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A few striking instances in the history of a single individual, Napoleon Bonaparte, will be adduced to illustrate the position just advanced, viz., that men hate cruel actions and admire kind actions in others. Who, for instance, approves his treatment of Toussaint L'Ouverture? Toussaint was a pure African, and one of the leaders under whom the negroes arrayed themselves, after the whites had been expelled from the Island of St. Domingo. By his skill and political sagacity, he obtained the highest authority over the blacks. But in 1802, he was compelled to submit to the army sent to St. Domingo, by Bonaparte, under General Leclerc. The French, however, had not long regained possession of the colony, before Toussaint was accused, on the most trivial grounds, of encouraging a conspiracy, and with his family was conveyed to France. Nothing certain is known of the exact mode of his death-though it has been ascertained that he was confined in a cold, dark dungeon, full of damps and chills, where the unhappy man must have soon met death in his living grave, if indeed poison was not put in requisition. This conduct of Napoleon to the talented Toussaint, excited the indignation of the whole civilized world, and stands among

*Scott's Life of Napoleon, Phil. Ed., 284.

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the worst acts of the "child of destiny"-it execrated by every individual who becomes acquainted with it. It gave inspiration to the pitying soul of Wordsworth, when he said

TOUSSAINT! the most unhappy man of men :--
Whether the all-cheering sun be free to shed
His beams around thee, or thou rest thy head
Pillowed in some dark dungeon's noisome den-
O miserable chieftain! where and when
Wilt thou find patience?-Yet die not; do thou
Wear rather in thy bonds a cheerful brow;

Though fallen thyself, never to rise again,

Live and take comfort. Thou hast left behind,
Powers that will work for thee-Air, Earth, and Skies:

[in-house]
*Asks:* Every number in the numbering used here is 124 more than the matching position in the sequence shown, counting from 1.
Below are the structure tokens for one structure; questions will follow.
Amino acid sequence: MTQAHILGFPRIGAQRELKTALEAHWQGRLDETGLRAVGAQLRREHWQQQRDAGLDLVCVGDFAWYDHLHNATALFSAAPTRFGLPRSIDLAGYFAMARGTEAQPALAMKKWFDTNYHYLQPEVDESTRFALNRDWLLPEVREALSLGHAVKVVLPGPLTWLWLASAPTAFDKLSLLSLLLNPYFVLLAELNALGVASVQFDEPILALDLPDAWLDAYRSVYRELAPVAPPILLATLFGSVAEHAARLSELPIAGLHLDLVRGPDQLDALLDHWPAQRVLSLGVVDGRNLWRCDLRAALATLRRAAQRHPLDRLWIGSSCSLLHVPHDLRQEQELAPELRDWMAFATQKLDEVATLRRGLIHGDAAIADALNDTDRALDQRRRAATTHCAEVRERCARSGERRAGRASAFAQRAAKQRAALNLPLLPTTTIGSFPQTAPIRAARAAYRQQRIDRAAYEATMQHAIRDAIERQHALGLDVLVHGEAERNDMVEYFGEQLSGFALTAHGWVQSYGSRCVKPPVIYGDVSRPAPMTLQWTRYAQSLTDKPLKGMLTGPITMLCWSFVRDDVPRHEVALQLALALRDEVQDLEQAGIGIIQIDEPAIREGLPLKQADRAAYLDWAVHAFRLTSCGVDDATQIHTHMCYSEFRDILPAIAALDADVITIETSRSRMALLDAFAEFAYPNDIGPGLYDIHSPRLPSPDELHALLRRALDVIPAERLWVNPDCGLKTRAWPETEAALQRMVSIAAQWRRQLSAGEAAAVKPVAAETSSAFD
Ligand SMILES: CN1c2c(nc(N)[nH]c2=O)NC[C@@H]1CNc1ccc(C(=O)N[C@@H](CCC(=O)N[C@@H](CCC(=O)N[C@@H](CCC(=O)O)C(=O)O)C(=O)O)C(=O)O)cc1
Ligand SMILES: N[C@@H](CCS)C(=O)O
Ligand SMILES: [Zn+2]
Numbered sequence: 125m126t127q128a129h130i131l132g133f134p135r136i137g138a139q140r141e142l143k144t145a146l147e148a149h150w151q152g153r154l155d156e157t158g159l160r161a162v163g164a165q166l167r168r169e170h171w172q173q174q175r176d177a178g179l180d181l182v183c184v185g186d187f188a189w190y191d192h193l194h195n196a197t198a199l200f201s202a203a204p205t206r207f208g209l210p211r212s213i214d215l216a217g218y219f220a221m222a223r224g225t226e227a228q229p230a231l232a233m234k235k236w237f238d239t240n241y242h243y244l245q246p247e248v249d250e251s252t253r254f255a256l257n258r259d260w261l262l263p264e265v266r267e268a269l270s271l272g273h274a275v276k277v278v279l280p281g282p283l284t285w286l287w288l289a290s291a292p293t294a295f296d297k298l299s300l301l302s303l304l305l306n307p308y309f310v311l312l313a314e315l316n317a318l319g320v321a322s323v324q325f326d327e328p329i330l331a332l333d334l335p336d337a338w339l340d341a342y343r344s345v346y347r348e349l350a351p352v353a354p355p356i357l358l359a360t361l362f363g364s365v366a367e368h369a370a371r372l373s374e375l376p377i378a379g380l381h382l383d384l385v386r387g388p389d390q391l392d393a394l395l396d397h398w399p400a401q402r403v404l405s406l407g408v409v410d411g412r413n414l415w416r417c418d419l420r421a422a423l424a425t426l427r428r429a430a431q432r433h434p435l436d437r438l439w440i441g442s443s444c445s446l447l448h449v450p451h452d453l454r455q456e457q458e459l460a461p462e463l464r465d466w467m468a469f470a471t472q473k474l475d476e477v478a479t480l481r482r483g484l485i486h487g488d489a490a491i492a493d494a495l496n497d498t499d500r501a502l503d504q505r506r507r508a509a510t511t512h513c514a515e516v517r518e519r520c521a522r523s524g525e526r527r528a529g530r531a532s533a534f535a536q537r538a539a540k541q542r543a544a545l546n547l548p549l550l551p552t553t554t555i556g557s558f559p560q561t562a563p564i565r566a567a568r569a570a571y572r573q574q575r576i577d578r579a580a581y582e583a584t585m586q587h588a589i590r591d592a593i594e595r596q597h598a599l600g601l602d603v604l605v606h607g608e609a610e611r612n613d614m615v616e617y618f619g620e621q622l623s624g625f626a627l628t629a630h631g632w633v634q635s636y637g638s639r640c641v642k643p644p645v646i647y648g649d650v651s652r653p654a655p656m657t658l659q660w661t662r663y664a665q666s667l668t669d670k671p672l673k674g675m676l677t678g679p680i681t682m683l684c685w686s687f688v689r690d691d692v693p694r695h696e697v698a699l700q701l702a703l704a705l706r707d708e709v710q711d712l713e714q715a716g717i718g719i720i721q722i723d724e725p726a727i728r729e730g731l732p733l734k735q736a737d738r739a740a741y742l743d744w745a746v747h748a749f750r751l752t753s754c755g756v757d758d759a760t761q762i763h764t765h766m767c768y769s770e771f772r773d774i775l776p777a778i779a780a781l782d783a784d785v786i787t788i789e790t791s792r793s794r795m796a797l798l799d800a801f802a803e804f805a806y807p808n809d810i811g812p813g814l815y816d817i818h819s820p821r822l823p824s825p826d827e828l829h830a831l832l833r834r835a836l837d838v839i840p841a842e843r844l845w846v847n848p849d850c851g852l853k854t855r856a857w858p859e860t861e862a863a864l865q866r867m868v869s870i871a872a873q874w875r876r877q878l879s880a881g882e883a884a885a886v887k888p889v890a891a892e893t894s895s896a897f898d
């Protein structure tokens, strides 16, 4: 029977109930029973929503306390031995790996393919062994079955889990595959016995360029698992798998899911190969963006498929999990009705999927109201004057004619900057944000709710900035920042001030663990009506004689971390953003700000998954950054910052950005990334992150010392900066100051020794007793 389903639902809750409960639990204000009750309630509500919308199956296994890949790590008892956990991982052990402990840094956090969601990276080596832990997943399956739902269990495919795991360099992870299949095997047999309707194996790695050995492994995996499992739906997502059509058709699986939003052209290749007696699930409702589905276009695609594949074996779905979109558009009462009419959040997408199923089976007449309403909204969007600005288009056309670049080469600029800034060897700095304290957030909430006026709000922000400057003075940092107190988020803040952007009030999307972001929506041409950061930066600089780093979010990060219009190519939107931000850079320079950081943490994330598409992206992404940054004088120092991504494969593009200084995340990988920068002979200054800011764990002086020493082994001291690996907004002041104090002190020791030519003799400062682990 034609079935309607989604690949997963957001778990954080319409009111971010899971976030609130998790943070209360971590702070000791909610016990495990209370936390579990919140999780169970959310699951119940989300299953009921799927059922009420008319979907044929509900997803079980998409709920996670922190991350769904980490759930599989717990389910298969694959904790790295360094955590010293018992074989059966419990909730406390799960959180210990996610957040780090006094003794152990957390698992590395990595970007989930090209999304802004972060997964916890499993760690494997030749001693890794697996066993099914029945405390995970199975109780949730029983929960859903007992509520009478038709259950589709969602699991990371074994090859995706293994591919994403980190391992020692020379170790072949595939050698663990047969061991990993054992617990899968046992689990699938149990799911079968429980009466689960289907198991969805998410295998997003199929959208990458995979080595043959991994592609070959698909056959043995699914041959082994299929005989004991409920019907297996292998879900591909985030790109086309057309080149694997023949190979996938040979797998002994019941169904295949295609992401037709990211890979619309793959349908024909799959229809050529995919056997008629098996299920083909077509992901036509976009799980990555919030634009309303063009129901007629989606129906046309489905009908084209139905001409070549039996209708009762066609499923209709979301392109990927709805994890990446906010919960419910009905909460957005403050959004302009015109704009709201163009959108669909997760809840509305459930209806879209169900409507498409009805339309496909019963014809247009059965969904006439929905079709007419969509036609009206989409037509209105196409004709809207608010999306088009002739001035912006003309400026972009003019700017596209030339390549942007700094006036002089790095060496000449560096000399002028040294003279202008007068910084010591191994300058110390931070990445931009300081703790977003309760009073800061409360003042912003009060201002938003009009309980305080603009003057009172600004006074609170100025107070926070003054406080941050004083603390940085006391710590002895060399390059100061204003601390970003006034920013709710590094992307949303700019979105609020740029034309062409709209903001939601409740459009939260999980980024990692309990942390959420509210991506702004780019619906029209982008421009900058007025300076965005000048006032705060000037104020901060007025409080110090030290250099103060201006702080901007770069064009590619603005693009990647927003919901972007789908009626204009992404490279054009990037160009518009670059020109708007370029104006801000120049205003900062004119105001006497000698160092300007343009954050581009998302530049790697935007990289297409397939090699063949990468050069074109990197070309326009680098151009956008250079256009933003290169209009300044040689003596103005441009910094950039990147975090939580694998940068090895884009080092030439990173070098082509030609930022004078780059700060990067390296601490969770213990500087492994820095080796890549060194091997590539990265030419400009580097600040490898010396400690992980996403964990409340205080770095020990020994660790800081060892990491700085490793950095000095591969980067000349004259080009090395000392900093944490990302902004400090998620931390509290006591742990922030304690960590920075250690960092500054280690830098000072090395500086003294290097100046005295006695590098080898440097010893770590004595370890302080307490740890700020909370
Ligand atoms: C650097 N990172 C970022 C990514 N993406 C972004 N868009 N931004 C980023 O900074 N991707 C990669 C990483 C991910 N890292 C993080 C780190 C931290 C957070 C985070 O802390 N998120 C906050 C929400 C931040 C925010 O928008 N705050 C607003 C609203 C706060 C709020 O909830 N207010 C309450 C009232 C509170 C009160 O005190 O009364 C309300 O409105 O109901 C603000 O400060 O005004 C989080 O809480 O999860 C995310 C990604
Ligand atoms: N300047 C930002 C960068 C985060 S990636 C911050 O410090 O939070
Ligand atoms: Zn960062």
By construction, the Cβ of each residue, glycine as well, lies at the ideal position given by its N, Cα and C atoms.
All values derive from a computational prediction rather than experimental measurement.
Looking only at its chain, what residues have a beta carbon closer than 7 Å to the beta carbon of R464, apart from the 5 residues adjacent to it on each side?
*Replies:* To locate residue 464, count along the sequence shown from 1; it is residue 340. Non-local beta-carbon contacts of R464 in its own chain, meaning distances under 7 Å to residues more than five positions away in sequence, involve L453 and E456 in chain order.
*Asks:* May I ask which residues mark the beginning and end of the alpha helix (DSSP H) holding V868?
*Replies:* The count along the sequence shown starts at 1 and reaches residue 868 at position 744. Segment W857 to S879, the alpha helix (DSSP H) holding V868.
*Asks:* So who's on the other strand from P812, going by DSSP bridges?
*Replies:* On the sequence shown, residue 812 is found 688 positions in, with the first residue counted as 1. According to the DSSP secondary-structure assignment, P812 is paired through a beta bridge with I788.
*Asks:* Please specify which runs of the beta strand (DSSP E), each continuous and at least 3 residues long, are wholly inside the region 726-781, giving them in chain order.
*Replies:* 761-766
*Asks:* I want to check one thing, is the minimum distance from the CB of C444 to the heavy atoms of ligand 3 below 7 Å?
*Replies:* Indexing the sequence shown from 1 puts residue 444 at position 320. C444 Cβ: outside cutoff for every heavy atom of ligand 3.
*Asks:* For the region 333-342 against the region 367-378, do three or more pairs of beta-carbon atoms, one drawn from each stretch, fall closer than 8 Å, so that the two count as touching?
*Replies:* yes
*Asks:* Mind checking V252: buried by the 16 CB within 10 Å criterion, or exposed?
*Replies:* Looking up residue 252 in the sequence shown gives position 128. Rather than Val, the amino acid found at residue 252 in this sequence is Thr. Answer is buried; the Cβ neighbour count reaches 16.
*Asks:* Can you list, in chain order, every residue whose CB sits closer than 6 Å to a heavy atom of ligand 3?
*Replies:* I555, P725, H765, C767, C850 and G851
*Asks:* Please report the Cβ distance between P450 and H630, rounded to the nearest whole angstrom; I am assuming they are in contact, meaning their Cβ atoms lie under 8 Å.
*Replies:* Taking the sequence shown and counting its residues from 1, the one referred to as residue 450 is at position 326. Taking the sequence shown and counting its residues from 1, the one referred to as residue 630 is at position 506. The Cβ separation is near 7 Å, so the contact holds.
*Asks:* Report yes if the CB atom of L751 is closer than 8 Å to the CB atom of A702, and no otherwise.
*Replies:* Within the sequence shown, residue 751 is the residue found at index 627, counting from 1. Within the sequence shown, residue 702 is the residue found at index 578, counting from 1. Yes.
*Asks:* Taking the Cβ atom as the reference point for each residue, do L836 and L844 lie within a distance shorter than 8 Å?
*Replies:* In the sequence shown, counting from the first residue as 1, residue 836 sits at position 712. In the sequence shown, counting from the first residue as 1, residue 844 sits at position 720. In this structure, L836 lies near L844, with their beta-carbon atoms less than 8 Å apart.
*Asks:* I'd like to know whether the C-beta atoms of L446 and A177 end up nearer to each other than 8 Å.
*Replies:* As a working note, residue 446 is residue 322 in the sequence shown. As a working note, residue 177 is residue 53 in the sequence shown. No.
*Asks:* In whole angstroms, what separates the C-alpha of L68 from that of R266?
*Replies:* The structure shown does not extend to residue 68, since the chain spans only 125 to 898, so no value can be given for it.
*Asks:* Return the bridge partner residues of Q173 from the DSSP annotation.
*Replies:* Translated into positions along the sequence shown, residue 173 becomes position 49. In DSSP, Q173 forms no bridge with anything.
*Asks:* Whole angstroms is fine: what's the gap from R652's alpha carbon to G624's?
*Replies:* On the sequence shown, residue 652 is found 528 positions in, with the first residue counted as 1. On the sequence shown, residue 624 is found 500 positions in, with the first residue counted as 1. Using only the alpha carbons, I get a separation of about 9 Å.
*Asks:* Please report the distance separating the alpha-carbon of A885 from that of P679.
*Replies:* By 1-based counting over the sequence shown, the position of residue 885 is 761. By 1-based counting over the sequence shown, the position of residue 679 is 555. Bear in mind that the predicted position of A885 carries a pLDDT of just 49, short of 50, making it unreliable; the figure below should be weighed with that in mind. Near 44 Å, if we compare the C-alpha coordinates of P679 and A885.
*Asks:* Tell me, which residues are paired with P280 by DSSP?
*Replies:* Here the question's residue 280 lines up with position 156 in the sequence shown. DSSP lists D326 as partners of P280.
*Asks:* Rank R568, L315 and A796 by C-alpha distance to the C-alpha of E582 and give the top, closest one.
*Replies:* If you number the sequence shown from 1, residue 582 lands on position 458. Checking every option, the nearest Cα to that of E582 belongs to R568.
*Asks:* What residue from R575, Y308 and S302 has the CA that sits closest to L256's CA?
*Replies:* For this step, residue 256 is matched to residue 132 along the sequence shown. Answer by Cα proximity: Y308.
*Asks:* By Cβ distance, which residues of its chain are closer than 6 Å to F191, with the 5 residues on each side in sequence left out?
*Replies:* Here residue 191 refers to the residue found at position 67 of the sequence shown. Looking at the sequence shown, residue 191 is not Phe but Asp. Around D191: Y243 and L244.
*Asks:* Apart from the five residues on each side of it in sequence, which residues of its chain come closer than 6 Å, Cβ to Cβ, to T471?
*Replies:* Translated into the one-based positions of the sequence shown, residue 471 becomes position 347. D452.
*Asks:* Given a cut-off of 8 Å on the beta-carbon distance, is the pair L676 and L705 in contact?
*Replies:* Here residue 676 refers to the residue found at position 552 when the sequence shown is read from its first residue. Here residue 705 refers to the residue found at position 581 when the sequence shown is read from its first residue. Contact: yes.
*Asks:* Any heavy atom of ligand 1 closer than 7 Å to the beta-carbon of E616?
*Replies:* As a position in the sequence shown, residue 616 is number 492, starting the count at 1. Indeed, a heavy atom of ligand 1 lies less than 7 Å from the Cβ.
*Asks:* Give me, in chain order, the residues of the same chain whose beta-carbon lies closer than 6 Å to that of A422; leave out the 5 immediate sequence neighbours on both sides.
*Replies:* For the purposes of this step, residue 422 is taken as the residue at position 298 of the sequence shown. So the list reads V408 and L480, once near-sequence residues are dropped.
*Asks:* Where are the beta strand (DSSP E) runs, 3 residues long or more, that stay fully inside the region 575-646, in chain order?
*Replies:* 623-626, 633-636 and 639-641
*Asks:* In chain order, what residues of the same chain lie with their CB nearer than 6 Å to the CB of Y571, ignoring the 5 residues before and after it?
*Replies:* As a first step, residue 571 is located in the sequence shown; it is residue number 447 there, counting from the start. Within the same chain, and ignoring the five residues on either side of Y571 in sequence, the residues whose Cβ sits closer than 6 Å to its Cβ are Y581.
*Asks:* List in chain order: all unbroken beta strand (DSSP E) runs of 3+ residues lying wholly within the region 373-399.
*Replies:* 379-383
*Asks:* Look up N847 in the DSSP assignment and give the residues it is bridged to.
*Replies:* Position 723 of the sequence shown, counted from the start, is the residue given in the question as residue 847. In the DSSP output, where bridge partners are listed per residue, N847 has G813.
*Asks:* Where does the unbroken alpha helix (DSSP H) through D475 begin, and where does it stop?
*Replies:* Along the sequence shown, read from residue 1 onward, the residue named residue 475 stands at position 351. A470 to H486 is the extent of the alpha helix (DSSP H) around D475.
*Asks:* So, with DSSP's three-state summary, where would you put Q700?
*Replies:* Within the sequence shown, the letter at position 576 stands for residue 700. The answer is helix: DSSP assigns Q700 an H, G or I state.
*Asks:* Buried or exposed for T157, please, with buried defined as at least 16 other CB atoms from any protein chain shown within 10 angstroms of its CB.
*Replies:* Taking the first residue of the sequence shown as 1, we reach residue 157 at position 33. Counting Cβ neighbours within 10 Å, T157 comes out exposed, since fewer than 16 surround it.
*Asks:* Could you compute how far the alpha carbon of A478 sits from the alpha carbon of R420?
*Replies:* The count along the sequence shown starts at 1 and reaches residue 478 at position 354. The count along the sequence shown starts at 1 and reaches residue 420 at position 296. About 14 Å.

There's not a breathing of the common wind
That will forget thee; thou hast great allies:
Thy friends are Exultation, Agonies,

And Love, and Man's unconquerable mind."

Nor was this cruelty to Toussaint without its legitimate results. For the negroes, exasperated at the treachery used towards their chieftain, attacked the French in every direction. And they carried on the war with a cruelty which makes the blood run cold, and shocks even revenge itself.

But if this act of Bonaparte to Toussaint is execrated, another act of his, under different circumstances, excites the admiration of the heart. After the battle of Jena, in October, 1806, in which the army and power of Prussia were so completely annihilated by the French,

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Napoleon obtained possession of a letter written by Prince Hatzfield, who, before its capture, was Governor of Berlin, in which he communicated to Prince Hohenloe some of the motions of the French army. Napoleon appointed a military commission to try him, and it was evident that his fate would be severe. Madame Hatzfield, not knowing that any charge had been preferred against her husband, threw herself at the feet of Napoleon, and demanded justice for him. The result of this interview is given in a letter addressed by Napoleon to the Empress Josephine; out of which the following is an extract. "But at least thou wilt see I have been very good to one, who showed herself a feeling, amiable woman-Madame Hatzfield. When I showed her her husband's letter, she replied to me, weeping bitterly, with heartfelt sensibility and naivete: Alas! it is but too surely his writing. When she read it, her accent went to my soul-her situation distressed me. I said, Well, then, Madame, throw that letter into the fire; I shall then no longer possess the means of punishing your husband.' She burnt the letter and was happy. Her husband is restored to tranquillity. Two hours later, and he would have been a lost man.' ."* In this instance we behold the exercise of kindness. And who